Routine Health Checks for Dogs

Spoiler alert: Dogs can’t articulate their feelings like human beings.

Since dogs can’t tell you about how they feel, routinely examining your dog for anything abnormal is an important part of being a pet owner. This way you can identify and address medical problems before pronounced symptoms appear.

Learn to read the signs

Checking temperature

The normal temperature is between 100 and 102.5 degrees Fahrenheit (38.3 to 39.2 Celsius). If your dog is lethargic and has an elevated temperature, you need to contact your vet. To take an accurate reading, have another person accompany you (especially if you are new to this). Lubricate the thermometer end with petroleum jelly. One person should hold the dog’s head while the other inserts a digital thermometer into the dog’s rectum. Wait for the ‘beep’ to tell you the reading is complete. Note down the temperature. Use surgical spirit or hand sanitizer on a cotton swab or toilet roll to wipe the thermometer before storing. Note that if your pet is stressed or excited, or has been in a hot car etc you may get a falsely elevated temperature.

Checking the Mouth

Looking at the dogs’ mouth gives you a great idea about his overall well being. Pull back its lips to reveal the gums (if your dog has black gums, look at its tongue). They should be pale to medium pink. If the gums or tongue are blue, purple, white, brick-coloured or extremely bright red it could mean something is impeding the flow of blood throughout your dog’s body. If they look pale – do a “capillary refill” test-  press above a canine tooth with your thumb and release your thumb. The spot will be very pale as all the blood has left the area due to pressure. It should regain the original colour in 2 seconds. If it takes 3 seconds or longer or does not regain colour, it could mean the dog is anaemic and you need to check with a vet to address it immediately.

Checking eyes

The eyes (cornea) of the dog should be clear. Any change in the brightness of the eyes is a telltale sign that the dog is not healthy. Lift/ push-up the eyelids with your fingers- the white of the eyes should clearly show blood vessels and should have a pinkish hue. If it is pale white, yellowish or sallow that is a sign the dog is anaemic and has an underlying condition.

Taking your dog’s pulse

A normal resting adult dog’s heart rate is around 70 – 80 per minute for a large dog and goes up to 120-140 beats per minute for small dogs. To check your dog’s heart rate place your hand on the left side of its chest, behind its elbow so you can feel the heartbeat. Count heartbeats you feel in 15 seconds and multiply that by 4 to get the beats per minute. If a dog’s heart rate is over 180 beats per minute that could require attention.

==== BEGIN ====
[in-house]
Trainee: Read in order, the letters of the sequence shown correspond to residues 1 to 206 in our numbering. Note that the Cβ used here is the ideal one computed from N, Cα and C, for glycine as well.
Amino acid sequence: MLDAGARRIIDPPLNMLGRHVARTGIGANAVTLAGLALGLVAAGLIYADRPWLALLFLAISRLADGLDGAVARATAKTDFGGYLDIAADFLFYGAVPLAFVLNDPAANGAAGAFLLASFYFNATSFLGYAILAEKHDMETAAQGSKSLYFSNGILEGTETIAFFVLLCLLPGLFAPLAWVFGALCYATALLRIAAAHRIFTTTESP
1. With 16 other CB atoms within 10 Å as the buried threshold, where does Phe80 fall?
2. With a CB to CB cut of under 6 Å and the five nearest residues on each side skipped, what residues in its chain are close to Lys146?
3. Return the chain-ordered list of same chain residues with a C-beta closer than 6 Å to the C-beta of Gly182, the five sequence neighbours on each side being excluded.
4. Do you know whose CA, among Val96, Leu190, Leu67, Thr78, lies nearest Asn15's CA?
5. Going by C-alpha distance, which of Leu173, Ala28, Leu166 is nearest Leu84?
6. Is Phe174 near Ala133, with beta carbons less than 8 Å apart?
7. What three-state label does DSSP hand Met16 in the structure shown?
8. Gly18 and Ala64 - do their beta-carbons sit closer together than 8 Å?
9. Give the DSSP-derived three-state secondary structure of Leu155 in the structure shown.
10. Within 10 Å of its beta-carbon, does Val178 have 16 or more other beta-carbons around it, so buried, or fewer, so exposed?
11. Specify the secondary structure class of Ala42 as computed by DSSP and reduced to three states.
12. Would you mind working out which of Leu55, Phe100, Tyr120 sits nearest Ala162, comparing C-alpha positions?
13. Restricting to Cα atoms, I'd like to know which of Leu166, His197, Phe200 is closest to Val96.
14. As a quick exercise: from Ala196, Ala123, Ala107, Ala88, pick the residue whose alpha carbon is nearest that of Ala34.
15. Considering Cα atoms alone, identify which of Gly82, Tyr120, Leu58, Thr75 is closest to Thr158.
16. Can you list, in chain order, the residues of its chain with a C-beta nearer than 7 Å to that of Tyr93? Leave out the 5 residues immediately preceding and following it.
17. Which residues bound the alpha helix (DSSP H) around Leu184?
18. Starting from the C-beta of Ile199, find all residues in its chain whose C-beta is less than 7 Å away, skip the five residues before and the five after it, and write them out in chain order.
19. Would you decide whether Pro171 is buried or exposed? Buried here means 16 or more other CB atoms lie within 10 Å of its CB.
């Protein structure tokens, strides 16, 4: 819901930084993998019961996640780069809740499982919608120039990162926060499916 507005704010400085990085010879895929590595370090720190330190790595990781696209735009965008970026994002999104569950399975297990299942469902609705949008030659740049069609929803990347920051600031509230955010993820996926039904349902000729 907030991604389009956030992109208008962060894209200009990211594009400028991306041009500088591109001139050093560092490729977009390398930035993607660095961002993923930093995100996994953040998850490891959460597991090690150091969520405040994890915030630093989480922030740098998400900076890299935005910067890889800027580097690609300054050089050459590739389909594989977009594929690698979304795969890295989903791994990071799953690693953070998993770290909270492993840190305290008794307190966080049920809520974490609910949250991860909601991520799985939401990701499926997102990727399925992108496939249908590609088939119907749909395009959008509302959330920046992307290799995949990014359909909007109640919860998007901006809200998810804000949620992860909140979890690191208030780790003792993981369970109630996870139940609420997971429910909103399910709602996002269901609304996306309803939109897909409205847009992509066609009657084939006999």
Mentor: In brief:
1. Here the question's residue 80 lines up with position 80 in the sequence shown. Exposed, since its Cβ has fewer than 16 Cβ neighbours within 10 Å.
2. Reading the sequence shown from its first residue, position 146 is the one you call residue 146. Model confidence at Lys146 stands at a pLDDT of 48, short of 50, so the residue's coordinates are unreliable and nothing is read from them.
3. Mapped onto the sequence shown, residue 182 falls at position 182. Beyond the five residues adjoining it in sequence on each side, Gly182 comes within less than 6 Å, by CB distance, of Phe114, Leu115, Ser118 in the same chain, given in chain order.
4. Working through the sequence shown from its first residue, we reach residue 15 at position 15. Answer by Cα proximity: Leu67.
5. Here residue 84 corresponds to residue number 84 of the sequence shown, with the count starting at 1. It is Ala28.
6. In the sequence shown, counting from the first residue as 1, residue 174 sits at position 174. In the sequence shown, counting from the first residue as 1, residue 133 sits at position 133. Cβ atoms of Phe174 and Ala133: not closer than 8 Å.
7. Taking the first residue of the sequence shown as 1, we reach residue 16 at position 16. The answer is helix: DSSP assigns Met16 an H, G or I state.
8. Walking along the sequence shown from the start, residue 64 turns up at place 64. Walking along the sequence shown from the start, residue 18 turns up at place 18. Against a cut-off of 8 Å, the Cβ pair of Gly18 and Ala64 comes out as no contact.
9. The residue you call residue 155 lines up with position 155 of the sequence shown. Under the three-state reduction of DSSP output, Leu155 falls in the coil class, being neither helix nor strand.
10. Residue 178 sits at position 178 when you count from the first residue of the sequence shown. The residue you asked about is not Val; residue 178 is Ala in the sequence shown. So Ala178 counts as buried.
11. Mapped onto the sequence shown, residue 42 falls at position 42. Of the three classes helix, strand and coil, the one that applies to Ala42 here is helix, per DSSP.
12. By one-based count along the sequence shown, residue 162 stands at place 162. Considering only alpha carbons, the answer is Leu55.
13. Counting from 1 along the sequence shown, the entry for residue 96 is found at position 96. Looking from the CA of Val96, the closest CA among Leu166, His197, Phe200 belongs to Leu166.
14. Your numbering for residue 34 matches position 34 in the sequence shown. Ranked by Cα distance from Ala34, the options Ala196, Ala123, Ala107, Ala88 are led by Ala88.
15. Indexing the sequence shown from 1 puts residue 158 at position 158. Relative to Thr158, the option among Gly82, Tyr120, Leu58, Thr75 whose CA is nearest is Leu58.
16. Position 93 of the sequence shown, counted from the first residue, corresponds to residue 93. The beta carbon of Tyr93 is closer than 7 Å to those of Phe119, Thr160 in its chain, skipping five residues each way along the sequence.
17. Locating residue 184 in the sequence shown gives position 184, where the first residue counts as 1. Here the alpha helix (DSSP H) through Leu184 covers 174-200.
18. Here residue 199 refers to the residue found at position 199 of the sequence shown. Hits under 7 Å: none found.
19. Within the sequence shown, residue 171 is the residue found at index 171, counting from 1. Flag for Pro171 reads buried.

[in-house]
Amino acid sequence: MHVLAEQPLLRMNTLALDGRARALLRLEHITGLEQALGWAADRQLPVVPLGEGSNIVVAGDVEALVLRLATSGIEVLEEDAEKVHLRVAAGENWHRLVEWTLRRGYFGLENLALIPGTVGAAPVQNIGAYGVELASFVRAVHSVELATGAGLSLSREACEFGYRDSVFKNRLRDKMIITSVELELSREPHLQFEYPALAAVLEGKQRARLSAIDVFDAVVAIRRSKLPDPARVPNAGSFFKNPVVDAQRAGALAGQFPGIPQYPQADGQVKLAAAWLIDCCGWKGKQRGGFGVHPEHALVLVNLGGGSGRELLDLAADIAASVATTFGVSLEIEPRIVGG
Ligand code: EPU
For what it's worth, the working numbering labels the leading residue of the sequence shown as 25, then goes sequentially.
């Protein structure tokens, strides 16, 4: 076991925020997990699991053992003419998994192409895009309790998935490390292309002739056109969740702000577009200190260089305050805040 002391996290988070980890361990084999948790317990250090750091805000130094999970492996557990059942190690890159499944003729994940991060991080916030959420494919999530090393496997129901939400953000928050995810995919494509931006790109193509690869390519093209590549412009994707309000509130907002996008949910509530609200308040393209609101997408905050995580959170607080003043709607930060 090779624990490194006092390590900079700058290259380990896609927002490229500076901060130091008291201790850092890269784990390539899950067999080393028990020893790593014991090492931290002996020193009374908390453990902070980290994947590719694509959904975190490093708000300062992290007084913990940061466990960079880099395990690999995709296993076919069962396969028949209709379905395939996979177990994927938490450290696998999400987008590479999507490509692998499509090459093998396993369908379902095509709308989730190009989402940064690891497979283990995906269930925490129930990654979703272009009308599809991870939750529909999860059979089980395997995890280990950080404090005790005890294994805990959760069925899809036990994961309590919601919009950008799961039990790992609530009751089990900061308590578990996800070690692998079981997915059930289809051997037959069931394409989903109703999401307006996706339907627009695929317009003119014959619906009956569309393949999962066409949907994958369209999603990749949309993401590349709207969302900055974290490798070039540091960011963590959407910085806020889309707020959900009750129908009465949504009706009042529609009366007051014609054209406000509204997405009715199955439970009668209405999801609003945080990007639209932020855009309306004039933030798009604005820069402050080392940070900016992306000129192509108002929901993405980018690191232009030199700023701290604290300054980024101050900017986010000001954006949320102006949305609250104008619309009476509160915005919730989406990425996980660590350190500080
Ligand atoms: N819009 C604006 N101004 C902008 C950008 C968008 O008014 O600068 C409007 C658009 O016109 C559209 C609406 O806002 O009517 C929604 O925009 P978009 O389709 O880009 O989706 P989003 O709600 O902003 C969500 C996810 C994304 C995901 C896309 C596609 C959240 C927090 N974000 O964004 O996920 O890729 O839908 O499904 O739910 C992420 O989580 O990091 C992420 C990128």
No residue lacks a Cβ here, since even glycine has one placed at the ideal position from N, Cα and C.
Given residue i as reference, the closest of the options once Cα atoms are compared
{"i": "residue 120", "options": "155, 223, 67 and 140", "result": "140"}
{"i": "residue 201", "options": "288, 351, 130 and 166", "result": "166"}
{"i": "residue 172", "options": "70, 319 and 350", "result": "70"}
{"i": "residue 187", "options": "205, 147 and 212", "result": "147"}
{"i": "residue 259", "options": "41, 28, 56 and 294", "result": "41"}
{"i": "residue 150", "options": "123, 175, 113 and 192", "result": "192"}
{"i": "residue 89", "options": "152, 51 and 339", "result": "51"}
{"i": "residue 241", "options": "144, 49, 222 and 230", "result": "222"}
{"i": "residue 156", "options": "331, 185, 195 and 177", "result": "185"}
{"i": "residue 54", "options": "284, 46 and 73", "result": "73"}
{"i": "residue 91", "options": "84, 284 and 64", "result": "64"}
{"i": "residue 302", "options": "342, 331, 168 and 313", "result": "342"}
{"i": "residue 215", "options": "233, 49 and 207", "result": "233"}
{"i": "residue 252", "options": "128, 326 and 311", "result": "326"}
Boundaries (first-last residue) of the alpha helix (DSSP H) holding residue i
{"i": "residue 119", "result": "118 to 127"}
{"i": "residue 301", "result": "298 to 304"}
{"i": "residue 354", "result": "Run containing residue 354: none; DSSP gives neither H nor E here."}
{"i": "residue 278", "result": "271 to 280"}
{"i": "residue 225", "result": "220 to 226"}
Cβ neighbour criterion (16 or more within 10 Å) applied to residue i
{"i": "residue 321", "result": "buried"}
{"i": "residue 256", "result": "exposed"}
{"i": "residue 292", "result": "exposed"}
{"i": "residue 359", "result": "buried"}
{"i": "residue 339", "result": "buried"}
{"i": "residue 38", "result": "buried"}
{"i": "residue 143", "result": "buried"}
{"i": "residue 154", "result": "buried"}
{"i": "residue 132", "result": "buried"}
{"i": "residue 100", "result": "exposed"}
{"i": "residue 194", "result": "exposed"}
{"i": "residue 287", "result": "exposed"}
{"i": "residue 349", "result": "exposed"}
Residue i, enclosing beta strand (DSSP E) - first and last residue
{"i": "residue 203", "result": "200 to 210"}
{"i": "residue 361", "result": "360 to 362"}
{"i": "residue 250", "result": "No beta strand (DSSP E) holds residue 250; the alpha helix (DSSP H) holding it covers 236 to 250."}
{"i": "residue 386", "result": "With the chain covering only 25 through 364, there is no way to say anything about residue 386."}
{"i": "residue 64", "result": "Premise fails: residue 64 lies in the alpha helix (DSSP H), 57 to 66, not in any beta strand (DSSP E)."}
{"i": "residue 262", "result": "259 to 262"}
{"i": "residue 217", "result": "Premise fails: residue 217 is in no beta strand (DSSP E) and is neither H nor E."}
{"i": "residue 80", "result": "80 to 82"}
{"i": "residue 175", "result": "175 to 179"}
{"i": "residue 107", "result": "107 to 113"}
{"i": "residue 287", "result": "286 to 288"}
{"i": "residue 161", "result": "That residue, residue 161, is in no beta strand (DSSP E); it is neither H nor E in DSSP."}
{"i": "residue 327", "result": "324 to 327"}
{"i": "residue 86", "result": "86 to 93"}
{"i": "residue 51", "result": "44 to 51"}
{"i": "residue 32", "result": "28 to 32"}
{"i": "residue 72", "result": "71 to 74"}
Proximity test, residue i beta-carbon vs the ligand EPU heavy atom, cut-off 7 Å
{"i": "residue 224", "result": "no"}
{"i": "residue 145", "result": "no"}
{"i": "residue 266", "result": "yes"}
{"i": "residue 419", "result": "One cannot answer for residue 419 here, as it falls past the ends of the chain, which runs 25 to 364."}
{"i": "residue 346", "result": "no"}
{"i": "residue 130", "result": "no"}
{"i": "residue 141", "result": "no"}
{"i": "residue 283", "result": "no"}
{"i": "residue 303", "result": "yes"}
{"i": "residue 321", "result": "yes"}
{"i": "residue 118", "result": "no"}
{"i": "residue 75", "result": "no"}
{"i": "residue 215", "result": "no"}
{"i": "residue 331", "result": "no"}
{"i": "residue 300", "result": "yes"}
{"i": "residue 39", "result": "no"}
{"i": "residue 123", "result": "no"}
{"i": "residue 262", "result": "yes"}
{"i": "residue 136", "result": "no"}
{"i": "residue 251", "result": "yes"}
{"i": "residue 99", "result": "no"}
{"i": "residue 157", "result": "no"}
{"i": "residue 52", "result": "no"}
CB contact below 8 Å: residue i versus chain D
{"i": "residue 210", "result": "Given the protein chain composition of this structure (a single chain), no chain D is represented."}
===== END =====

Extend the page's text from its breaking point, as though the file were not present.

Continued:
Watching stools for consistency, or for vomiting and diarrhea

Stools should be a consistent formation and volume etc. If they change color or consistency something has changed in the dogs’ health and you need to watch out for it. Diarrhea and/or vomiting are signs of your dog’s body attempting to expel foreign poisonous substances. Examine your dog’s vomit/stool for content, color, and consistency. Your dog’s stool should be firm and brown. If your dog’s stool becomes watery, loose, yellow, green, or deep black, contact your vet.

Watching your dogs’ breathing

The appropriate respiratory rate of a dog is 10-30 breaths per minute. Dog’s pant because they don’t sweat and that’s how they regulate body temperature. That’s also the reason their tolerance for temperature ranges is less than ours and makes them susceptible to heatstroke. Heavy panting lasting for longer than 30 minutes, without activity, could be a telltale sign of respiratory or cardiac issues especially if you hear wheezing or crackling as your dog breathes.

Watching your dog’s balance

If your dog shows imbalance or is staggering or disoriented it is a sign of an illness including fever, neurological or heart problems, low blood sugar etc and needs immediate attention.

Watching for a loss of appetite

If your dog stops reduces it’s food intake gradually or stops eating suddenly call your vet.

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The information contained in VOSD Vet Advice™ is not intended nor implied to be a substitute for professional medical action which is provided by your vet. You assume full responsibility for how you choose to use this information. For any emergency situation related to a dog’s health, please visit the nearest veterinary clinic.